Course #57423 - $18 -
|A)||who has been billed for services.|
|B)||for whom a chart has been created.|
|C)||who has been referred for a second opinion.|
|D)||for whom a medical history, clinical examination, and treatment plan have been conducted.|
The dentist is responsible for all services provided to the "patient of record," which is a patient upon whom a dentist has taken a complete medical history, completed a clinical examination, recorded any pathologic conditions, and prepared a treatment plan.
|B)||Exposing dental x-rays|
|D)||Performing root planning|
Depending on state regulations, dental hygienists may be delegated the task of removing calculus deposits, accretions, and stains from exposed surfaces of the teeth and from the gingival sulcus. They may also perform root planing and curettage. In addition, dental hygienists may expose dental x-ray films, apply topical preventive or prophylactic agents, and perform all tasks delegable by the dentist. However, the dentist remains responsible for the care of the patient.
|B)||Four and the District of Columbia|
|C)||Five and the District of Columbia|
|D)||Nine and the District of Columbia|
A discussion of professional ethics and law requires background knowledge of ethics and the definition of ethical principles. Ethics is a branch of philosophy that considers and examines the moral life. The word ethics comes from the Greek ethos and originally meant character or conduct; the word morals comes from the Latin mores, which means customs, values, or habits. These two terms are frequently used interchangeably; however, simply put, ethics are the standards of conduct an individual uses to make decisions and morality involves the judgment or evaluation of an ethical system, decision, or action based on social, cultural, or religious norms [14,15]. They both incorporate notions of approval or disapproval and in some cases are also applied to the character or virtues of the individual.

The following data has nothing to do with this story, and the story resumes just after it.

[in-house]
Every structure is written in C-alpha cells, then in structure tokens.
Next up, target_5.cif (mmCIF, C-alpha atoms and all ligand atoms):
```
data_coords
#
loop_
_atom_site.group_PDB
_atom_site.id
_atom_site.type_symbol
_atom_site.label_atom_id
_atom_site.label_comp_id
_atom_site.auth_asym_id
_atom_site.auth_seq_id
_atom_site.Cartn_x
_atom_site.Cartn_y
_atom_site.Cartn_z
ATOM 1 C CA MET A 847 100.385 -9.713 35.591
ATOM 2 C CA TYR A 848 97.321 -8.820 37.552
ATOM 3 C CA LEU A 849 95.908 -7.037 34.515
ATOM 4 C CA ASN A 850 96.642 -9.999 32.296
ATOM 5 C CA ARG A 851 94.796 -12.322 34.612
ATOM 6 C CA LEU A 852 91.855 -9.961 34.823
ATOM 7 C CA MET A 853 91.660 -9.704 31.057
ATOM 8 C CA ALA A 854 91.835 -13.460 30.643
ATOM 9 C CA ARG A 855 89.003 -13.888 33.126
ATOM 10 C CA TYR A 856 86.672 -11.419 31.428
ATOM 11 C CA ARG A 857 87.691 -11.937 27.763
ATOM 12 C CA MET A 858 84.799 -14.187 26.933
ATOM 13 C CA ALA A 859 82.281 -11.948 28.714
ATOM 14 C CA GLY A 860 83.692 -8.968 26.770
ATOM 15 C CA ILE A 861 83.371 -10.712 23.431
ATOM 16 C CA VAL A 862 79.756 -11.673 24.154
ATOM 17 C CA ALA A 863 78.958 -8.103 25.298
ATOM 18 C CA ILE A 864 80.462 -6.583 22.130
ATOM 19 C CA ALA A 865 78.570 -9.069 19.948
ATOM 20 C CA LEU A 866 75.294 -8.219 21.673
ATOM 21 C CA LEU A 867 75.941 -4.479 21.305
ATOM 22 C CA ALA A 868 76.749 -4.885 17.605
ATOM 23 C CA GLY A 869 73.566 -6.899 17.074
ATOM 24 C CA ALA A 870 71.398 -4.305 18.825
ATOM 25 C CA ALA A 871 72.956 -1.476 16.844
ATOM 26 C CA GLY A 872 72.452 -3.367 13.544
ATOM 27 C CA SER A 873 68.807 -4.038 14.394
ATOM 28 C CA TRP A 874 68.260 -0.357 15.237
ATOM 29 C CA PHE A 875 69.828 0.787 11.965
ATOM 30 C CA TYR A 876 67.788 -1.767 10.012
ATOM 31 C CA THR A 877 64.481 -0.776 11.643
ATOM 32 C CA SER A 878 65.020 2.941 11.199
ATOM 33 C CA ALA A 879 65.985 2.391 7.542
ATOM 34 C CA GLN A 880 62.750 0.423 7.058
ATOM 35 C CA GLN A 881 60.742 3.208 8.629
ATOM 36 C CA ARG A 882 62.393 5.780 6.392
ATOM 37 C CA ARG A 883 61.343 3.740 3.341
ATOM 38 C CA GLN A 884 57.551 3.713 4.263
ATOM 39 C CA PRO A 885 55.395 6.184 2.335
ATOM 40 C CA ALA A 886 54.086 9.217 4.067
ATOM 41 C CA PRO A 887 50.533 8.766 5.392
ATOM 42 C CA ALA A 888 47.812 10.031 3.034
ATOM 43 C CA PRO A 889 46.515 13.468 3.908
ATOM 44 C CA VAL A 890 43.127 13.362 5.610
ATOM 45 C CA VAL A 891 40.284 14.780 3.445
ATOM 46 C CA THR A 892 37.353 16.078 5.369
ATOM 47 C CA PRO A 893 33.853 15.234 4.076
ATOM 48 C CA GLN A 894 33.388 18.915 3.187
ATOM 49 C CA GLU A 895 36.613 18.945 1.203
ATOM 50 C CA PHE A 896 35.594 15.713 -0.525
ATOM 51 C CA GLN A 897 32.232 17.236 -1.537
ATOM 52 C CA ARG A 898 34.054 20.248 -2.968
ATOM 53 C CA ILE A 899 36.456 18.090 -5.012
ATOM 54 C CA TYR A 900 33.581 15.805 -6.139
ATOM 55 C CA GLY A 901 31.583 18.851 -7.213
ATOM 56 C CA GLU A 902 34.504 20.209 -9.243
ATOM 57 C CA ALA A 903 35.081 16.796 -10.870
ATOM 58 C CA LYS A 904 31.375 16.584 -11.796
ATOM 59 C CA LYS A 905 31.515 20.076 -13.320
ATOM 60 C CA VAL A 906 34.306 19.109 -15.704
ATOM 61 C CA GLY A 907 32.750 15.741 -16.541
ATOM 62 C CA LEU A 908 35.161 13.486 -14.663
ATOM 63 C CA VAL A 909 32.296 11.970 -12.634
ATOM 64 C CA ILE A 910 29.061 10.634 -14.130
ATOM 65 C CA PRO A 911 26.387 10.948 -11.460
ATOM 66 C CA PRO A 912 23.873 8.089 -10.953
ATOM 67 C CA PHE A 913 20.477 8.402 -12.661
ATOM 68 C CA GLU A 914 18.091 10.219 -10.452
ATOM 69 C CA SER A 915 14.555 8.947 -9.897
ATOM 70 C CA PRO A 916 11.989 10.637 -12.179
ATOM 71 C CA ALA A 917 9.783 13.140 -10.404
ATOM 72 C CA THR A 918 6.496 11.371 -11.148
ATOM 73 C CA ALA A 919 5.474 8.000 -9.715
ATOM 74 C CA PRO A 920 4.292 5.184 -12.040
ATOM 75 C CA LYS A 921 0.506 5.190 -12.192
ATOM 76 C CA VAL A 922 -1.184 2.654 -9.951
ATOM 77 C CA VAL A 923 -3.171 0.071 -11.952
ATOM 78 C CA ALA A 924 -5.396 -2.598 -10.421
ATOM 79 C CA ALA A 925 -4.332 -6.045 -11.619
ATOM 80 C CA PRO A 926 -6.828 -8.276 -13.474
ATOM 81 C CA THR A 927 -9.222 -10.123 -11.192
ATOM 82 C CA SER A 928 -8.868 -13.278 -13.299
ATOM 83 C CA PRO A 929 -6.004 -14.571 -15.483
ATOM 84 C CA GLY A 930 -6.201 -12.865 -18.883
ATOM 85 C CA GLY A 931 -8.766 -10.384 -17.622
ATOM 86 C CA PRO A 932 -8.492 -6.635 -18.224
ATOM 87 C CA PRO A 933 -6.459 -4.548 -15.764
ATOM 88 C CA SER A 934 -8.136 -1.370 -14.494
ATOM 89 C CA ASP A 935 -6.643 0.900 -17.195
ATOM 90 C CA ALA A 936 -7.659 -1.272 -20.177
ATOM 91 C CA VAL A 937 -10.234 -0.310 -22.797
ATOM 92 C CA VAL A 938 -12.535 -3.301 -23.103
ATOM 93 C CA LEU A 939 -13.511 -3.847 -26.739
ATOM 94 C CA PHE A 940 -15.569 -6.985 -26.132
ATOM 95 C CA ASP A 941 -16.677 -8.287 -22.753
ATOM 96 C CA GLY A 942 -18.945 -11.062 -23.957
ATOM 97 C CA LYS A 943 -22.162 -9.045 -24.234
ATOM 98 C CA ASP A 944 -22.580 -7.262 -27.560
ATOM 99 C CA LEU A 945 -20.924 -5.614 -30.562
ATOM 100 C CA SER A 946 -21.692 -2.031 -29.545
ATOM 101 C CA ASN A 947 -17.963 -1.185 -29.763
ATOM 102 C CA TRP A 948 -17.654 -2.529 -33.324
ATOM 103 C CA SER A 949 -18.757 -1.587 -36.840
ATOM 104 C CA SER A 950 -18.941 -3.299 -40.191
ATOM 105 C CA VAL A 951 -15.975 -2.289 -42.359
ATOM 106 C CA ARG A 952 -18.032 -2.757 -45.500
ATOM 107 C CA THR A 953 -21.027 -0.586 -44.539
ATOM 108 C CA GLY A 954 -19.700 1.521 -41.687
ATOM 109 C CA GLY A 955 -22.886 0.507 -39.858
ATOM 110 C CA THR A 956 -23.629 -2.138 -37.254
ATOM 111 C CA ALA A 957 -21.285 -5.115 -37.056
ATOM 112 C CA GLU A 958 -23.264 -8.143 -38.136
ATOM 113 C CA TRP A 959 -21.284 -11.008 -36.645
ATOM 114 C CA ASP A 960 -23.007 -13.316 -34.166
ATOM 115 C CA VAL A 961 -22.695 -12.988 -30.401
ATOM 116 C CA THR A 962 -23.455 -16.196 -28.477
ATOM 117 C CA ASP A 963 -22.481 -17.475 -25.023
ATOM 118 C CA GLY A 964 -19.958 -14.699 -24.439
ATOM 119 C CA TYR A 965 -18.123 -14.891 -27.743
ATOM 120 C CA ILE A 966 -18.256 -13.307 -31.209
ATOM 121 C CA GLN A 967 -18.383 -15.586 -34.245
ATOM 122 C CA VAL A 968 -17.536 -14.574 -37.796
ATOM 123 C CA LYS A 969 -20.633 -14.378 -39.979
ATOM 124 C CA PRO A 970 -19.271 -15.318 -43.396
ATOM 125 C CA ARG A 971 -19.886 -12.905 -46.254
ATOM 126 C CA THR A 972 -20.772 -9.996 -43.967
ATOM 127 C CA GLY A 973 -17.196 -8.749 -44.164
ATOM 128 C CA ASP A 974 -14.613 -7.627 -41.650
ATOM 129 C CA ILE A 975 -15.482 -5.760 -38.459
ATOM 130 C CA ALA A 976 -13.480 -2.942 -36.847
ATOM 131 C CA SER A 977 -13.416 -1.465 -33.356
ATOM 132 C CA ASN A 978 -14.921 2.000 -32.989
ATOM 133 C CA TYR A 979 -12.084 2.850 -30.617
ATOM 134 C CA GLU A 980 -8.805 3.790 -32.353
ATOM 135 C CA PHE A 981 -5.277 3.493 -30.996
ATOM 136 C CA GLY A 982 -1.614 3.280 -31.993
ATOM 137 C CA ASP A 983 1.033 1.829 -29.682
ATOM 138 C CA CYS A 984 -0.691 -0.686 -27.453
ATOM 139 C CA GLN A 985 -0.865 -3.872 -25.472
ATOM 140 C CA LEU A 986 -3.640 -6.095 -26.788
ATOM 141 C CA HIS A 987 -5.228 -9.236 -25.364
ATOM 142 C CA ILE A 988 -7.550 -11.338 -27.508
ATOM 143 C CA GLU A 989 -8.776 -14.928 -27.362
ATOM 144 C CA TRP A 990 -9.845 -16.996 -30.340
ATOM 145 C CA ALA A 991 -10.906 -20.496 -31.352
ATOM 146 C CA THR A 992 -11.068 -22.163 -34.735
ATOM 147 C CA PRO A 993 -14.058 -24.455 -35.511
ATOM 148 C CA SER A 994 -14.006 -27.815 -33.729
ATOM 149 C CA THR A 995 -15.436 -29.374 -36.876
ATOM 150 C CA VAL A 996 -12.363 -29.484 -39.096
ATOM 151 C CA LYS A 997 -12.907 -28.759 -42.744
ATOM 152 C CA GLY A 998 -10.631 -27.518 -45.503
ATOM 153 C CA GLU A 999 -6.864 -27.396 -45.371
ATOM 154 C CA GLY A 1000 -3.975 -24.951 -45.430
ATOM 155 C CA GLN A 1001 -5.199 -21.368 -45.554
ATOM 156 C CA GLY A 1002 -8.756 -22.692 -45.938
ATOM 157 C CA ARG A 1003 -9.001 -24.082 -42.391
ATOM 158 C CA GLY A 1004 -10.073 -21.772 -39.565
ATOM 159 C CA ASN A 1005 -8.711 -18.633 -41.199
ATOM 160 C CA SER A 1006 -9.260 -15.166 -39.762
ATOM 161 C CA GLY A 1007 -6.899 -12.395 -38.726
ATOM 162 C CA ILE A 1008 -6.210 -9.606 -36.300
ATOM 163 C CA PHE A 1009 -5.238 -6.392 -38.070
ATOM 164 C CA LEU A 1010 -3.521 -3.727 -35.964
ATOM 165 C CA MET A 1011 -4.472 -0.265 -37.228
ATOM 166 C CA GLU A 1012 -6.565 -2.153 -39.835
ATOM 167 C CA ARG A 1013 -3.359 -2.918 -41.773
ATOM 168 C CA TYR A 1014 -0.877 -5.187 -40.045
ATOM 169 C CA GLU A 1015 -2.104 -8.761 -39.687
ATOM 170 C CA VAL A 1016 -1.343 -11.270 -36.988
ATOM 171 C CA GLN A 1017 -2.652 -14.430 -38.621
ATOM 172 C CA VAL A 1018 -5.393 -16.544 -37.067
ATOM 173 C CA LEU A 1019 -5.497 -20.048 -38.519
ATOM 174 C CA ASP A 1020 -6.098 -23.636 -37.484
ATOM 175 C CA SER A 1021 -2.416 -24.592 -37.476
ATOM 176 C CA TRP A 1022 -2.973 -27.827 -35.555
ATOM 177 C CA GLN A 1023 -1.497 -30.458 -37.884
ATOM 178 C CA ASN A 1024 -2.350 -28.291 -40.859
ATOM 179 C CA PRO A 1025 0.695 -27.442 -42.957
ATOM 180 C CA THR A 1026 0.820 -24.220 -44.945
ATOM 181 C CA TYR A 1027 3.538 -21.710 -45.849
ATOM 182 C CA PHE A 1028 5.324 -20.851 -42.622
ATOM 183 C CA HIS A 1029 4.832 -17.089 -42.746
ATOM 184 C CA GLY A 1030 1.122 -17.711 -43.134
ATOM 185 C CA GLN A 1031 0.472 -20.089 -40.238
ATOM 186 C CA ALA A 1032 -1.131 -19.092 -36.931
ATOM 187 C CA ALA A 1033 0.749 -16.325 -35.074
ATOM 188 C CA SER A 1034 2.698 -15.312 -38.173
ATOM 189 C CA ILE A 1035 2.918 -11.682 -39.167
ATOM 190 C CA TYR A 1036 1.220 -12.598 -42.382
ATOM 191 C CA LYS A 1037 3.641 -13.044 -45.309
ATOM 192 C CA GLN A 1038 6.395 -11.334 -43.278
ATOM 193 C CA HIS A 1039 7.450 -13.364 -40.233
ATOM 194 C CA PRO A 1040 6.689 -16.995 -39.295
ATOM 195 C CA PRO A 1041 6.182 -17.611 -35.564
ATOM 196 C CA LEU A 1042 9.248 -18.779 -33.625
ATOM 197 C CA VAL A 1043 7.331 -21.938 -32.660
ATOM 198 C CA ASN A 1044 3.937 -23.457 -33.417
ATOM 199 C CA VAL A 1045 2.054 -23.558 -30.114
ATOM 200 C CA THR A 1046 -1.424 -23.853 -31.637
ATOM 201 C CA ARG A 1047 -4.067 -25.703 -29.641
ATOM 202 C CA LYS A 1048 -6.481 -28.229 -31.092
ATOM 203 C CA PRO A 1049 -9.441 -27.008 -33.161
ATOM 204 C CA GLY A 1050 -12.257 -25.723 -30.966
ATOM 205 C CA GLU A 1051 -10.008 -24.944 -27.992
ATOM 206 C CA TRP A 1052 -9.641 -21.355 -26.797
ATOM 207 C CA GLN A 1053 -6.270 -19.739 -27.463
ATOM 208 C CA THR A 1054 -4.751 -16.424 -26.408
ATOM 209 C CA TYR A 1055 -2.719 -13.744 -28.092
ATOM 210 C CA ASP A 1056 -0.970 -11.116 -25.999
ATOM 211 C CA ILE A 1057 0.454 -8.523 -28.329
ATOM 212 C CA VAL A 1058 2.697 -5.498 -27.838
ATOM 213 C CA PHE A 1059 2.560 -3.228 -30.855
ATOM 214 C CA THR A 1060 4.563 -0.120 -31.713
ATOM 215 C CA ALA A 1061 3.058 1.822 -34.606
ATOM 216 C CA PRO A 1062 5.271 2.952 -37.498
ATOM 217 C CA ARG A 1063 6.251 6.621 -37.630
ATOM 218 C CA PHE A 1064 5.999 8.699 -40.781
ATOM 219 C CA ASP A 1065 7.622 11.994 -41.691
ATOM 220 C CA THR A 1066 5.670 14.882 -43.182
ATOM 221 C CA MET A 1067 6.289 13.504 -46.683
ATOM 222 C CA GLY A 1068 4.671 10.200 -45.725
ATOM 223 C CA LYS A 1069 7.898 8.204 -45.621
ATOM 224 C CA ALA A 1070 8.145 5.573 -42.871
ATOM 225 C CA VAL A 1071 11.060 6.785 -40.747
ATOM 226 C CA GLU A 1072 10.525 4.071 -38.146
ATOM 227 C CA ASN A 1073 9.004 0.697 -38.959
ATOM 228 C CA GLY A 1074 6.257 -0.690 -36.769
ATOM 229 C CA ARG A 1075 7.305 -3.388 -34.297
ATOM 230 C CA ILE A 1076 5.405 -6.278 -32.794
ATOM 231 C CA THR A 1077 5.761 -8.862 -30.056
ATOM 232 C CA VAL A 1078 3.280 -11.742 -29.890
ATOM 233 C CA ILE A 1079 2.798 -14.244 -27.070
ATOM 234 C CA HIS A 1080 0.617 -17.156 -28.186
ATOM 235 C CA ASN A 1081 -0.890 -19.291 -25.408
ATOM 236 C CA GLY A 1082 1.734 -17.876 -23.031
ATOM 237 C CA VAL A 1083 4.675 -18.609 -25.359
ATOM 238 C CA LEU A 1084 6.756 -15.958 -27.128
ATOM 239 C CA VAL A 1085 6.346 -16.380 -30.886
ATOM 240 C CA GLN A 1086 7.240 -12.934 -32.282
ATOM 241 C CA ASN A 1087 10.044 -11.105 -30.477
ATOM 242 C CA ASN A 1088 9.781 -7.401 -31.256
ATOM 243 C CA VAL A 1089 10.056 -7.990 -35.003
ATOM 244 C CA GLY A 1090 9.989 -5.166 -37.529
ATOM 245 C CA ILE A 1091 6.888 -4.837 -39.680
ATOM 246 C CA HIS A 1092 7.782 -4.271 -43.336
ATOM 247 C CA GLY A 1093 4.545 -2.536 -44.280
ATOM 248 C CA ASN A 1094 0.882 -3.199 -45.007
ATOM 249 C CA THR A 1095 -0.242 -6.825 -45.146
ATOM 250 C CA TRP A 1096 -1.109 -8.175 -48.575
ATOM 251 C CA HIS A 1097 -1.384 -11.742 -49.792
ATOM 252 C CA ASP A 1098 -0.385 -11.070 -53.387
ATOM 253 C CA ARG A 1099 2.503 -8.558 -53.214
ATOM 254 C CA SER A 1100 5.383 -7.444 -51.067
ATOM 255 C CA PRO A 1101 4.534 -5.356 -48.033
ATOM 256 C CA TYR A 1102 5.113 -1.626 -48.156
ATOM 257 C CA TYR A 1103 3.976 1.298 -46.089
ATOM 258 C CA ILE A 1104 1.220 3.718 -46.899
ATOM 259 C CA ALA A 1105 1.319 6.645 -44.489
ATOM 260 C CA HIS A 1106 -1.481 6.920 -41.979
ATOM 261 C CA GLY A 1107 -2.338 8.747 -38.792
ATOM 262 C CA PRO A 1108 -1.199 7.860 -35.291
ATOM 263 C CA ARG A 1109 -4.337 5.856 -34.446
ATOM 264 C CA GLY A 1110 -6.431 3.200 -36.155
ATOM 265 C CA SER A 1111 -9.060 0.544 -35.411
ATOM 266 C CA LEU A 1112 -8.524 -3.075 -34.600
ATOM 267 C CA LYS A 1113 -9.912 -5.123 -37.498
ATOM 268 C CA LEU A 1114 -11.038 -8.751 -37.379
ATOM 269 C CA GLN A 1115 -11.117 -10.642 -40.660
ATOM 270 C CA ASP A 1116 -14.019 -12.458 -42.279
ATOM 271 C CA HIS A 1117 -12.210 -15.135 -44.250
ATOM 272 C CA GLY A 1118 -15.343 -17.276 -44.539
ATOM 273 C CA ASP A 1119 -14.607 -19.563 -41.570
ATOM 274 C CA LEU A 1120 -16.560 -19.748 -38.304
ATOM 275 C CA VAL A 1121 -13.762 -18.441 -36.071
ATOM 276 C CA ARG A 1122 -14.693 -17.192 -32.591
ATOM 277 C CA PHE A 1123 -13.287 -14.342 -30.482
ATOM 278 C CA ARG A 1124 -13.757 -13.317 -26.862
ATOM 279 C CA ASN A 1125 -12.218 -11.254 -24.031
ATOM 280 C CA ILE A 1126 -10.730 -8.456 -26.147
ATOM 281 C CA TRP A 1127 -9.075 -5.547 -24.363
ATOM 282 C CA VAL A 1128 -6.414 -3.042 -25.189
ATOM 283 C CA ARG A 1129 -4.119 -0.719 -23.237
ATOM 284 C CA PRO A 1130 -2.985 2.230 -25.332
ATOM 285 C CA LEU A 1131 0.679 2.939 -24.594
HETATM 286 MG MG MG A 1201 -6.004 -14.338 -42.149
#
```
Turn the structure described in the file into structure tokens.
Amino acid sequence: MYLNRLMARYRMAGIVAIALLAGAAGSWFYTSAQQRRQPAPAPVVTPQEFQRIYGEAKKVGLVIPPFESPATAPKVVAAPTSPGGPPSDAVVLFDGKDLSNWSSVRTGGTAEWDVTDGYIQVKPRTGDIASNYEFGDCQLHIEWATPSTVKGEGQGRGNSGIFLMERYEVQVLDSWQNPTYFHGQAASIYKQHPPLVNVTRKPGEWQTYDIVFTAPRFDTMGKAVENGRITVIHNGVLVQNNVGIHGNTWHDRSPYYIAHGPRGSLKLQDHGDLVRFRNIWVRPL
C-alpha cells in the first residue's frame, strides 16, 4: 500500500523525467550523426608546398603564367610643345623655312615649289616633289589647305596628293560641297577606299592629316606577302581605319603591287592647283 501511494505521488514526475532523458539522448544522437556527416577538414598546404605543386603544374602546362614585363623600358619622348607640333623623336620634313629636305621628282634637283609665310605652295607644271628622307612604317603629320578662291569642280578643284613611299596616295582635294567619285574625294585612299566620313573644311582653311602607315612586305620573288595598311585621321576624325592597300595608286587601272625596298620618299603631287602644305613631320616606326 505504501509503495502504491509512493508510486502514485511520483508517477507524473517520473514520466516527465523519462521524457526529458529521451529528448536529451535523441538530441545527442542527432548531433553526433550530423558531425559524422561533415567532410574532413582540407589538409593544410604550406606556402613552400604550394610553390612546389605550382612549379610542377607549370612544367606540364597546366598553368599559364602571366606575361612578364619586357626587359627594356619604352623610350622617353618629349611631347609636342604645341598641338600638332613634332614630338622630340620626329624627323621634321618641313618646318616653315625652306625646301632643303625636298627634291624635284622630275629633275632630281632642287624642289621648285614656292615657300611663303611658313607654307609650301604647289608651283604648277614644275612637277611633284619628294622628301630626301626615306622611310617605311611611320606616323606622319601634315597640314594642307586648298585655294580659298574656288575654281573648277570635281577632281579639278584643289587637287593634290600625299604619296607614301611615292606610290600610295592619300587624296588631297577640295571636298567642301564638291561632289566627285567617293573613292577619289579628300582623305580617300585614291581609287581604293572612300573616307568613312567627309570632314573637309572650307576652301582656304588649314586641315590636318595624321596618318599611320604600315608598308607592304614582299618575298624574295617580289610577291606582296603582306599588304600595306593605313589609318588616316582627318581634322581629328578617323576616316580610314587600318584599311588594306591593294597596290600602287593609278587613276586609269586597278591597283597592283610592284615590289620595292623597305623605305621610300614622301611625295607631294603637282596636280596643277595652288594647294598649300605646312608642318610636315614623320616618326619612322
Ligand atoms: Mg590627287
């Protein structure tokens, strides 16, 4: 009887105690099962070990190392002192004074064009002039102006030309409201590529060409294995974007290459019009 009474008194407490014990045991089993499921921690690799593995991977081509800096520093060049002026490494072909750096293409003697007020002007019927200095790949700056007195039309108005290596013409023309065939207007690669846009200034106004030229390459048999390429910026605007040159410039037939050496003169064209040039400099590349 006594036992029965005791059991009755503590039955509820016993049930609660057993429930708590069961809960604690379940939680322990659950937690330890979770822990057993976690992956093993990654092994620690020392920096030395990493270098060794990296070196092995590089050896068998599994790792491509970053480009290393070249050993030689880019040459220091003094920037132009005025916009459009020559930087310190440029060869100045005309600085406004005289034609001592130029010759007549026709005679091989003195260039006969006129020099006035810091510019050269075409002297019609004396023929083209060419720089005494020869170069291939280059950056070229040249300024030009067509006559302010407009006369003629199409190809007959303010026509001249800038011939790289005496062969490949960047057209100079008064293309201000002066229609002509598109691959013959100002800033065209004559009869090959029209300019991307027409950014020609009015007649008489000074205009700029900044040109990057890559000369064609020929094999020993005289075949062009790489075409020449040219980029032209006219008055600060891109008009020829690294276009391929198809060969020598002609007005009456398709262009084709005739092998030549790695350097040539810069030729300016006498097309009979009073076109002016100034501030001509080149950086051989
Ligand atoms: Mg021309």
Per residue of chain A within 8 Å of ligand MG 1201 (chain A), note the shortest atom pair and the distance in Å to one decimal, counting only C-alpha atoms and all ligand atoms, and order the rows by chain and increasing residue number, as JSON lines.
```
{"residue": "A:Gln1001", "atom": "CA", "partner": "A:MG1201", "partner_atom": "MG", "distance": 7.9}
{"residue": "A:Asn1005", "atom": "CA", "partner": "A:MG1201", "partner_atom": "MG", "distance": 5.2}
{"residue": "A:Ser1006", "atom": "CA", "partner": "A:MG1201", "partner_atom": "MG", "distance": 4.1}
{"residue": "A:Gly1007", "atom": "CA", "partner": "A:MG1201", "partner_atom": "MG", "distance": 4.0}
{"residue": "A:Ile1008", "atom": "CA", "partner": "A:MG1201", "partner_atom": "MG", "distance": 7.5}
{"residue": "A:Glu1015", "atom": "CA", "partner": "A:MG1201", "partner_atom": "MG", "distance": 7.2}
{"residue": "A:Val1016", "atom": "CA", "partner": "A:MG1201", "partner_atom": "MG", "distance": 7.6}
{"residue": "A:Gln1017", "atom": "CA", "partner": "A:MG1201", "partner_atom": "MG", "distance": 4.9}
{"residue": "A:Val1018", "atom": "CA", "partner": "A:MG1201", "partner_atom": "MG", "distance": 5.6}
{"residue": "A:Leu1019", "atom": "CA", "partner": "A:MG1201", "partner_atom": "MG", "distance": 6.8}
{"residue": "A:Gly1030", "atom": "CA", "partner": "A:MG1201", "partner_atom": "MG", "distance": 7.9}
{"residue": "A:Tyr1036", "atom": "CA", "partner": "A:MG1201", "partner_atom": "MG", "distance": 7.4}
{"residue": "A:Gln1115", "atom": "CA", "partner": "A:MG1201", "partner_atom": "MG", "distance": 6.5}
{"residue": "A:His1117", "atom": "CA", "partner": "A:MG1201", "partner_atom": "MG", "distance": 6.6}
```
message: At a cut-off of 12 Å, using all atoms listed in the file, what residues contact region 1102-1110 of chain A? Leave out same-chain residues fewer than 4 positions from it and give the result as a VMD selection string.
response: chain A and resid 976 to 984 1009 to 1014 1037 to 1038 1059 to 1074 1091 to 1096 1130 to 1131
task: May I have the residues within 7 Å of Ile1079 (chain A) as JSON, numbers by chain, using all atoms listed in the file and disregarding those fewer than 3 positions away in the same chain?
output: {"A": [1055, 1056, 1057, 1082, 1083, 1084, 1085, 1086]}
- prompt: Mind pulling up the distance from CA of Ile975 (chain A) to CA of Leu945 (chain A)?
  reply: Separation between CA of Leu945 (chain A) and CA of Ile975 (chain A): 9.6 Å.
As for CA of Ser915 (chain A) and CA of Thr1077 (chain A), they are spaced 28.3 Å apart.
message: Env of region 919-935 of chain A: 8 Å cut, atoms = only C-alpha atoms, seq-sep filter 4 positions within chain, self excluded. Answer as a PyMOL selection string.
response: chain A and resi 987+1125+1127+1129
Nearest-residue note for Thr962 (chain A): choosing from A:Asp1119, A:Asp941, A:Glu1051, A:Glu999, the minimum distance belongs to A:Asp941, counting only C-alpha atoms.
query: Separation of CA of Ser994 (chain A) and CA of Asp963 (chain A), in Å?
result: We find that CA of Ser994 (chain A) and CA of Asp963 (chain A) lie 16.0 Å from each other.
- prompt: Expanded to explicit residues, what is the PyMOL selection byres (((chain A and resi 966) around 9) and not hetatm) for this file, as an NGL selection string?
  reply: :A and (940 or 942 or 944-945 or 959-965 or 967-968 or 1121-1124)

Although law and ethics have similarities, law may be better defined as the total of rules and regulations by which a society is governed. Ethics, on the other hand, are informal or formal rules of behavior that guide individuals or groups of people. Legal rights are grounded in the law, and ethical rights are grounded in ethical principles and values. Where the law might say, for example, that it is illegal to commit suicide/murder under any circumstance, even when a terminally ill patient has no quality of life and intractable pain, ethics may guide a physician to administer a lethal dose of morphine. Ethics often shapes law; as of 2021, nine states (e.g., Oregon, California, New Jersey) and the District of Columbia have adopted "death with dignity" acts, whereby an individual with a medically confirmed terminal disease may request medication to end their life .
|A)||the principle that all people are not of equal value.|
|B)||the principle that people should always be treated as a means to an end.|
|C)||the idea that lying is ethical if it is seen to be in the person's best interest.|
|D)||a system of ethical decision making that stands on moral rules and unwavering principles.|
Under the deontologic umbrella, an action is deemed right or wrong according to whether it follows pre-established criteria known as imperatives. An imperative in our language is viewed as a "must do," a rule, an absolute, a black and white issue. This is an ethic based upon duty linked to absolute truths set down by specific philosophical schools of thought. If the principles dictated by these imperatives are met with dutiful compliance, one is said to be acting ethically.
A well-known deontologic ethical theory is based upon religious beliefs and is known as the theologic ethical theory. The principles of this theory promote a summum bonum, or highest good, derived from divine inspiration. A familiar principle is to do unto others as you would have them do unto you. One would be viewed as ethically sound to follow this principle within this system of beliefs.
|A)||Denial, anger, resistance, bargaining, and acceptance|
|B)||Negotiating, harboring, enlisting, issuing, and acceptance|
|C)||Autonomy, veracity, beneficence, nonmaleficence, and justice|
|D)||Dependence, benevolent, non-benevolent, right-to-know, and judicious|
The ADA recognizes five major ethical principles of significance to dental professionals: patient autonomy, veracity, beneficence, nonmaleficence, and justice .